Enterotoxemia, or “perfringens” or “overeating” as it is commonly referred to, is a disease that affects young calves and can be fatal if immediate steps aren’t taken to treat it. It is a clostridial disease that causes gas to form and accumulate in the intestinal tract of affected calves, and releases toxins into the bloodstream. If not treated within hours of onset, affected calves die quickly from the toxin release and shock.
“Perfringens” most commonly affects calves two months of age and younger, and is most widely characterized by a bloated appearance in calves with obvious discomfort and abdominal pain. Calves in the early stages will get up and down frequently, kick at their belly, and then begin to show signs of bloat/abdominal distension. Later, calves will be very reluctant to stand, and continue to show increased levels of bloating.
Affected calves can be treated successfully, but treatment must happen very quickly after the first onset of symptoms. Treatment consists of a perfringens antitoxin and penicillin, both given subcutaneously and orally. Many producers want to put a hose down affected calves thinking it will release the bloat, just like in a grain bloat, but the air is not trapped in the rumen as in grain overload, it is in the intestines, so the hose will not work and only add stress to the calf. Once antitoxin and penicillin are given, it is best to leave the calf alone, as calves that are caught in time will recover and be fine without further intervention, and stress may increase the likelihood of shock type symptoms.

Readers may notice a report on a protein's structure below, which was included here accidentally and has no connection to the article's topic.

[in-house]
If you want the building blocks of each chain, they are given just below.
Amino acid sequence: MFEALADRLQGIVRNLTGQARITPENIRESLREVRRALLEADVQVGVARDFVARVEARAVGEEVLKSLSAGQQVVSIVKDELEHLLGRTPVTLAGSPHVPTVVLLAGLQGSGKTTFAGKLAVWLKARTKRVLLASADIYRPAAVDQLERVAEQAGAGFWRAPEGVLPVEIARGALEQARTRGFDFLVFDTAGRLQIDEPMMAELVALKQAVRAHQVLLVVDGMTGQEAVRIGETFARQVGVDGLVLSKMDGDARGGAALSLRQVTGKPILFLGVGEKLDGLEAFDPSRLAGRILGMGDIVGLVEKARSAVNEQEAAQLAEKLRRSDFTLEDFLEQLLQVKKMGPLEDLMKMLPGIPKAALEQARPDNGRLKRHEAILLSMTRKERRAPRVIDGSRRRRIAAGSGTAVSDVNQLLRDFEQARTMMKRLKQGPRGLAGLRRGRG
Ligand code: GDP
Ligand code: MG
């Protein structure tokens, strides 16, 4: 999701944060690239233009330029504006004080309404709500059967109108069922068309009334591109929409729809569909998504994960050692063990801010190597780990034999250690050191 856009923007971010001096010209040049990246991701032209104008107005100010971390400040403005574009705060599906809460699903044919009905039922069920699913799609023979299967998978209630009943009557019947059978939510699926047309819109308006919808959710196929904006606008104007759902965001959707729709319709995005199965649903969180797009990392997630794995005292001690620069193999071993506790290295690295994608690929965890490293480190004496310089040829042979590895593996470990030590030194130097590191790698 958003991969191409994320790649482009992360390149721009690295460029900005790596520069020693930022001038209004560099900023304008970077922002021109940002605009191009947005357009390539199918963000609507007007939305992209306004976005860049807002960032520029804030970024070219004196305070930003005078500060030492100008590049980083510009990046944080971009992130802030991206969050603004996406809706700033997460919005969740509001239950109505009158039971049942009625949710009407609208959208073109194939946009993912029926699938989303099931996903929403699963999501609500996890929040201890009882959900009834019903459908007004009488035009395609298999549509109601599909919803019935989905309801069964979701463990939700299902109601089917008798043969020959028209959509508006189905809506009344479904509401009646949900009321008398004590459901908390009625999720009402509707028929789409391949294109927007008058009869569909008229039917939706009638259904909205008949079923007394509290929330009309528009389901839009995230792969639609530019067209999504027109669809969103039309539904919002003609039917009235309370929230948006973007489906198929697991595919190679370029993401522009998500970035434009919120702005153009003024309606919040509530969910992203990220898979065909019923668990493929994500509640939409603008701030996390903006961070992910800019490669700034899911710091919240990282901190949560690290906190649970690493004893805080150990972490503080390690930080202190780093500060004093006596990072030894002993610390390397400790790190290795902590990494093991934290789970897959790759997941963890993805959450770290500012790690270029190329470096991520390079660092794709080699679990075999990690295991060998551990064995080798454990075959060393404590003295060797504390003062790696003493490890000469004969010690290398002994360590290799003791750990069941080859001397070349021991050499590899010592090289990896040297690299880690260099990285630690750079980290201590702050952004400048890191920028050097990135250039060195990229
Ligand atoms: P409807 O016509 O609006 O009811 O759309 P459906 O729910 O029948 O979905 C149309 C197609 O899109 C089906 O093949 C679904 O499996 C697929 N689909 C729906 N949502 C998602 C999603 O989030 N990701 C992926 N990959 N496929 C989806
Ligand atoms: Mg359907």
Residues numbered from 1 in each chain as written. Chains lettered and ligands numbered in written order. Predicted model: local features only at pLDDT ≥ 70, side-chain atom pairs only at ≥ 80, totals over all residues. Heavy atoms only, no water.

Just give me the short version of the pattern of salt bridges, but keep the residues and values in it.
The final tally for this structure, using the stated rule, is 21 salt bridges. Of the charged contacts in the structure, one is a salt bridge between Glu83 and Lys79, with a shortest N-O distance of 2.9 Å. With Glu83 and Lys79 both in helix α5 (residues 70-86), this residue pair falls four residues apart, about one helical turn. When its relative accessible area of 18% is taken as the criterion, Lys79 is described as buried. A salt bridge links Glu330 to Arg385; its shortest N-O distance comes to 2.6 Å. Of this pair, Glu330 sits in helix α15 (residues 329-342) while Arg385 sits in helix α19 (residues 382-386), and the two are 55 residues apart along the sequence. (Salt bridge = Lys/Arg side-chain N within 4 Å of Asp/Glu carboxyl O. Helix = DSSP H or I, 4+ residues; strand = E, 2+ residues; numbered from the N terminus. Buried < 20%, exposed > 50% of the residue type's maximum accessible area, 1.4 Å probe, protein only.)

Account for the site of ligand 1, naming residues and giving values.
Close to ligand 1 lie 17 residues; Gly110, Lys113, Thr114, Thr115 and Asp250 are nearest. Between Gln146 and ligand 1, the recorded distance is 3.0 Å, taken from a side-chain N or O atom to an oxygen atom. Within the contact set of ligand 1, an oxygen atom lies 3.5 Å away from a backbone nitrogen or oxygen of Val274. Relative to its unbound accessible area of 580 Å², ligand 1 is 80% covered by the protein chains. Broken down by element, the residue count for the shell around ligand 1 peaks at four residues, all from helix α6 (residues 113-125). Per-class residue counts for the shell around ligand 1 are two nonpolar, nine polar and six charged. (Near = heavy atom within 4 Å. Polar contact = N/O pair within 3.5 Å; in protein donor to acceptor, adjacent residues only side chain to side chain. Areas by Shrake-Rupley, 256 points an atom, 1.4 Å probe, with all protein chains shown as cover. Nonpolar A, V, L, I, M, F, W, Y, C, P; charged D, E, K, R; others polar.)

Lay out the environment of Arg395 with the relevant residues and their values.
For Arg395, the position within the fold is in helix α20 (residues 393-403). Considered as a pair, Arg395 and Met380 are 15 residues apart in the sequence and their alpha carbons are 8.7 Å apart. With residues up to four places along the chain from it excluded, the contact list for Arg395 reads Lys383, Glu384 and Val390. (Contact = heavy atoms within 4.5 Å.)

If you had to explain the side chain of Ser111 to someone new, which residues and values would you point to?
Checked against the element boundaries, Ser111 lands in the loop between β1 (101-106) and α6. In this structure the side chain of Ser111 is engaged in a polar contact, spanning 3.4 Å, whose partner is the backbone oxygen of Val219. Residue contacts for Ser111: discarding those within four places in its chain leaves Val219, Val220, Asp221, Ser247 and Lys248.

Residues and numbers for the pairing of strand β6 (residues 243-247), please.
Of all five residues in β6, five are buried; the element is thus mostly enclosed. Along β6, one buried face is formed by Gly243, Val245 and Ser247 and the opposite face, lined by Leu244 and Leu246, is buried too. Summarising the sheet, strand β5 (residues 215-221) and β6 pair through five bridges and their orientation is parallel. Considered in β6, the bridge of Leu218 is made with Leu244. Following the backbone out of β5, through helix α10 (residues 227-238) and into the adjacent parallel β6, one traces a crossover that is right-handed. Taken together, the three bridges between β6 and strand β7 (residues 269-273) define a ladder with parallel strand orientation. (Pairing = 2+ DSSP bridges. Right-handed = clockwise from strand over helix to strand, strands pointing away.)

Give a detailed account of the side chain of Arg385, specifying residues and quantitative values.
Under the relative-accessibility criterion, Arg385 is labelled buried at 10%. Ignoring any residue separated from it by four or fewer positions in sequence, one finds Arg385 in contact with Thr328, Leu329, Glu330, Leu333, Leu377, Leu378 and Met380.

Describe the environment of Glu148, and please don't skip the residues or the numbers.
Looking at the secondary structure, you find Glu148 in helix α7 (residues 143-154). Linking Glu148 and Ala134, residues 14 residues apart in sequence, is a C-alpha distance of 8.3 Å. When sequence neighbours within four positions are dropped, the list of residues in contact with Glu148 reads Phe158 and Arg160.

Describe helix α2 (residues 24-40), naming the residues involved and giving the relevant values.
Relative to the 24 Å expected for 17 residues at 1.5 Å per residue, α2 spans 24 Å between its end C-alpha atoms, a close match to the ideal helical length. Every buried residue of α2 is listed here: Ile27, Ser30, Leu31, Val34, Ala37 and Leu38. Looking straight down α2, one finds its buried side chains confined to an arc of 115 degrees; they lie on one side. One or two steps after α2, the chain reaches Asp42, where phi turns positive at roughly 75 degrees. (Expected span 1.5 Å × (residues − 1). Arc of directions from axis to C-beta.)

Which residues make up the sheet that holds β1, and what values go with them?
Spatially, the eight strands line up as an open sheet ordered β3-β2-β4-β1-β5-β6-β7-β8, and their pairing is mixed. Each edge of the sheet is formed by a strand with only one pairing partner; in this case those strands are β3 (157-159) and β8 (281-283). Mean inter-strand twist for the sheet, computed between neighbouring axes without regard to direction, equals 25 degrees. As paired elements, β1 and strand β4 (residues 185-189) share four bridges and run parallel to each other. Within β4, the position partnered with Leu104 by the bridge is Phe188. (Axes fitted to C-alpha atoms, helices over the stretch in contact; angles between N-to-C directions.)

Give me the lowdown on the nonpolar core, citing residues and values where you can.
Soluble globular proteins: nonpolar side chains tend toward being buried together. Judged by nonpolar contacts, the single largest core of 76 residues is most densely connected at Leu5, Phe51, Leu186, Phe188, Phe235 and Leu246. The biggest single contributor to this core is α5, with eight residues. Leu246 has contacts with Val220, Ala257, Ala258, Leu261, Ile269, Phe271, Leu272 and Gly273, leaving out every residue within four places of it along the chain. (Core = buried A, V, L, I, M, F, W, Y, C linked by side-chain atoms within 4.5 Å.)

Perfringens episodes can happen at any time, but seem to be more frequent after weather episodes, such as rain, snow, and even excessively windy days. These episodes are usually associated with the calf not nursing for an extended period, and then “overeating” a large volume of milk at one time, allowing for appropriate conditions for clostridial bacteria to overgrow. Calves can also become more likely to become infected by drinking from unsanitary water or puddles in lots contaminated with manure.
Perfringens cannot be totally prevented, but vaccination with a seven-way clostridial vaccine at tagging, especially Alpha 7, can lessen its incidence. Vaccinating cows with a scour vaccine prior to calving can also help reduce incidence.
Hopefully this will help the next time a bloated baby calf is discovered, giving you an idea of what you are up against and how to treat it!